Broadband upgrades

Not long ago a telegraph pole appeared on the street outside our house to take wires between two existing poles. I think it was placed so that those wires didn’t come across our land as they seem to droop quite a lot. Associated with said pole, and others in the area are pole mounted fittings to do with BT’s full fibre offering. Today, a flyer came in the mail offering full fibre service at various speeds. That will make a change to our current 15Mbps ADSL. But there may be issues.

Do we need the speed? Well, currently we can watch fairly good res YouTube on one TV, a BBC program on another, and all the less bandwidth hogging tasks that happen all the time such as Pi-Star, various Internet links to various bits and bobs, email, general web browsing etc. We only notice issues where video games peg out and Windows OneDrive sets off synchronising at full whack. Currently I have OneDrive (not mine, I don’t even use it!) configured to play nicely (honestly, if you’ve ever let it fully loose it’s a real bandwidth hog, quite unlike iCloud which never seems to get in anyone’s way and still does everything it needs to), and the switch port that the gaming PC is on is throttled so it cannot take the full 15Mbps.

So yes, more speed would be useful. We also found that a YouTube rented 4k video will buffer constantly.

But… and this is a big but, will our chosen ISP deploy cg-nat? This is something many of us will face and the issue is that cg-nat makes it very difficult, if even possible to have incoming connections. Some things will (or should!) just work, like SIP phones as the sessions are initiated by the phone constantly polling the server(s) rather than calls actually coming in. But others – things like Echolink, Allstar, 44net and the AXIP connections used on GB7RVB all need connections coming in as well as out, and cg-nat will break those. Some Pi-star configurations will rely on incoming connections too.Some PC games will not play nicely with cg-nat either.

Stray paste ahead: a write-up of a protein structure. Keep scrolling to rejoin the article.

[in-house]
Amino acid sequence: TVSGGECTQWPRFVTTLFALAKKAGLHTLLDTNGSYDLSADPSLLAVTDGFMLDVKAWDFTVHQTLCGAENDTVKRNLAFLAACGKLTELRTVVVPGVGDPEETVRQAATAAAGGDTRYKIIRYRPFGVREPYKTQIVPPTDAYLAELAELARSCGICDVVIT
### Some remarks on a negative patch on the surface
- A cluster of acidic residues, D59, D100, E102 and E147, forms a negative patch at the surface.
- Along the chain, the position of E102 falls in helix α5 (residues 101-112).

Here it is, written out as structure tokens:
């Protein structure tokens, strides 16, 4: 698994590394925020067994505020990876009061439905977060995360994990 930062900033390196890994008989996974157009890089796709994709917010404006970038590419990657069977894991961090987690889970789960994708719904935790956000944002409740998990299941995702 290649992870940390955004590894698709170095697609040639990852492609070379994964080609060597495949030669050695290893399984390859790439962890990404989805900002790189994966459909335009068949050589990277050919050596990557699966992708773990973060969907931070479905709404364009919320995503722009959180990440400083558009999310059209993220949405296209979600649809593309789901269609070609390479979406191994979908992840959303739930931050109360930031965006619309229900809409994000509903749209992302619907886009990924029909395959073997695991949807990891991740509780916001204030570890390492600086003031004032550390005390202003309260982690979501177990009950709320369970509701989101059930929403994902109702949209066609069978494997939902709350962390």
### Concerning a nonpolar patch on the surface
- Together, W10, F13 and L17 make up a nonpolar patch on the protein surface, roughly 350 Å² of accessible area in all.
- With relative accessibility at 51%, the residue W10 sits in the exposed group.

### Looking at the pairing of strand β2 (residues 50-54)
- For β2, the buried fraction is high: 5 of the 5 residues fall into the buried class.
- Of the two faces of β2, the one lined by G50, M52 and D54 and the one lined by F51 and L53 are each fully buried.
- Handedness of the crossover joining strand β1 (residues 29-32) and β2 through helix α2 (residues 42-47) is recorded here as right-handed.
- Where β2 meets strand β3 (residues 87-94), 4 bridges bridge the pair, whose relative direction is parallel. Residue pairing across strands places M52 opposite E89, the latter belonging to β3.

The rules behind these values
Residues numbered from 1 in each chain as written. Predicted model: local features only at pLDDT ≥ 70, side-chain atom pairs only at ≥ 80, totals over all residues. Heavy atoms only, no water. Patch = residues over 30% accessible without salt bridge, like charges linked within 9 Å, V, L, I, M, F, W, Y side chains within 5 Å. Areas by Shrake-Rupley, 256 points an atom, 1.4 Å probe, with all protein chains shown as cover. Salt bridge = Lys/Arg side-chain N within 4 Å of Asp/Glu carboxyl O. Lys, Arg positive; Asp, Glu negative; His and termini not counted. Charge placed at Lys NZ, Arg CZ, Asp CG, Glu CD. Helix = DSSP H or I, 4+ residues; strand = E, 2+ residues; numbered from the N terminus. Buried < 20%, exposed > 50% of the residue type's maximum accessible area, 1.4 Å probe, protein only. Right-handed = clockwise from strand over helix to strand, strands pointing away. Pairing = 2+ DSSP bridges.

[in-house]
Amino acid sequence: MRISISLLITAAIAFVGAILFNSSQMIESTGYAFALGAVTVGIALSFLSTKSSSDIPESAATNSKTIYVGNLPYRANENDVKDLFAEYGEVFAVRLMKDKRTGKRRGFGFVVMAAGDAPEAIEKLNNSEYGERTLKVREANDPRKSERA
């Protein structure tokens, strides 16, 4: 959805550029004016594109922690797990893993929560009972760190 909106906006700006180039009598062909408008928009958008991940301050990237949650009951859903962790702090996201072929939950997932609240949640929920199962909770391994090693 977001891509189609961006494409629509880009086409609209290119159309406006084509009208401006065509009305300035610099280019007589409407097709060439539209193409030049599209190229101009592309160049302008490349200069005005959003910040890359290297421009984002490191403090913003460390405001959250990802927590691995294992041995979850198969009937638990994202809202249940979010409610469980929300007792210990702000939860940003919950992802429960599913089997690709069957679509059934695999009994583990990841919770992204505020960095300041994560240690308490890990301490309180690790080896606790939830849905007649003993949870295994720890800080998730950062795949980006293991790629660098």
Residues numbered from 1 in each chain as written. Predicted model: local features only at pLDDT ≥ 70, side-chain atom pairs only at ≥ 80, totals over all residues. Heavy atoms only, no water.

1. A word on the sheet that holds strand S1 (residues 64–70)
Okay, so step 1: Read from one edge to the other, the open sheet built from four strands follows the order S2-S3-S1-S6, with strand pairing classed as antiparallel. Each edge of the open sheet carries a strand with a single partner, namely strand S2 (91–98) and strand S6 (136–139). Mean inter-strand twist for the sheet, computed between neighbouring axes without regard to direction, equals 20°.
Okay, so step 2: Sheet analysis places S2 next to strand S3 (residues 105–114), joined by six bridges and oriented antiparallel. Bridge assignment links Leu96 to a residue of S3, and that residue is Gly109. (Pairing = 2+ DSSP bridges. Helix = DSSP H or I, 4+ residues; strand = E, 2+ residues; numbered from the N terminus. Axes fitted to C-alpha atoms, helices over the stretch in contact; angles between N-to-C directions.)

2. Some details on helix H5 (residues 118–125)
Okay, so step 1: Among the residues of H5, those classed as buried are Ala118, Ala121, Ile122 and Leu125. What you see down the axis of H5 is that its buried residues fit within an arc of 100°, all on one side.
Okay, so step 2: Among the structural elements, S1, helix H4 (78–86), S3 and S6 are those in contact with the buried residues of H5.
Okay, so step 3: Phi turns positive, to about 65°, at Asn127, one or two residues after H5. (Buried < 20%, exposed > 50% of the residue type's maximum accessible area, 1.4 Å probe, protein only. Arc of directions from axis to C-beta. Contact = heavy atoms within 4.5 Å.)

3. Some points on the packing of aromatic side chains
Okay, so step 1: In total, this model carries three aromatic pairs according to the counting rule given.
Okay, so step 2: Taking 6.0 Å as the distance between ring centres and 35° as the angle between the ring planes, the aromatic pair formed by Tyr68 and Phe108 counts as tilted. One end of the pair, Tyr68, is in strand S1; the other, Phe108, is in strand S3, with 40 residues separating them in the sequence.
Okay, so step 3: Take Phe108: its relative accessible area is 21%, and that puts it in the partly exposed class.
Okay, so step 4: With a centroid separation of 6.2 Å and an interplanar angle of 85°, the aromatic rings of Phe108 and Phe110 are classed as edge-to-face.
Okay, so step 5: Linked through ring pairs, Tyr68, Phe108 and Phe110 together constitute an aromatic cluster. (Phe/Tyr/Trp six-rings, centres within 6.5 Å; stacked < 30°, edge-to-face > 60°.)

So that is a concern and it is difficult to get an answer from many ISPs as you never talk to a techie. Some do say so, some offer static IP addresses which, provided they mean public IP addresses exclude the use of cg-nat. With BT I can get that but only if I buy their business offering which is more expensive.

Yes, I could set up a VPN to my VPS and do it that way, assuming the VPN will play with cg-nat. But that adds even more complexity.

There is also the issue of the telephone. We still have a landline although these days it sees very little use and only for inbound calls. Do we ditch the number and rely on mobiles, will SIP phones really work, can I move our number to a SIP service or just get a new number?

And let’s not forget the issue regarding the inability to dial 999 (the emergency number, the UK’s version of 911) in a power cut. With the current switched copper telephone network the phones are powered all the way from the exchange. Not so with fibre as if your in-house fibre modem has no power you have no phone. But for us that is less of an issue really, we have at least one mobile phone in the house at all times, and, hey, I have at least one 2m/70cm FM HT charged at all times. We – collectively, radio amateurs – are generally better off that way.

Anyway, as it stands the flyer only just arrived and I will probably wait for one of the neighbours to take the plunge first! I can’t even remember if I am still on contract with our current ISP as they never called to confirm and it is not possible to find out online (which I find rather stupid for an ISP but there you are).


I have an allocation within 44net (aka AMPRnet) and so I set up a gateway based on a Raspberry Pi 4B – well, I had one unused one! My allocation is a /29, so 6 IP addresses. The Pi setup is the Pi 4, a PoE HAT, an Ethernet USB dongle for the second Ethernet interface, and a neat 3D printed case that I have used before and which has the height for the HAT.

Software-wise it’s just Raspberry Pi OS, plus a daemon called ampr-ripd which listens for gateway announcements and sorts out routing tables. My link is to the IPIP mesh so I am not doing BGP or anything fancy.

My initial experiment used the wifi interface and I could connect to 44net via the phone / wifi AP software running on the Pi. That worked ok but really I wanted to be able to connect a couple of systems and not bother with wifi. As I had an Ethernet dongle left over from the dismantled QO100 transceiver that did the job nicely. The plan is to connect this to a small network switch offering a couple of Ethernet ports to be used on 44net. So far, the only system connected is my ageing Samsung Netbook which is is horribly slow even with Lubuntu and has a weird screen xy format. But it works nicely using telnet to access a chatroom on 44net.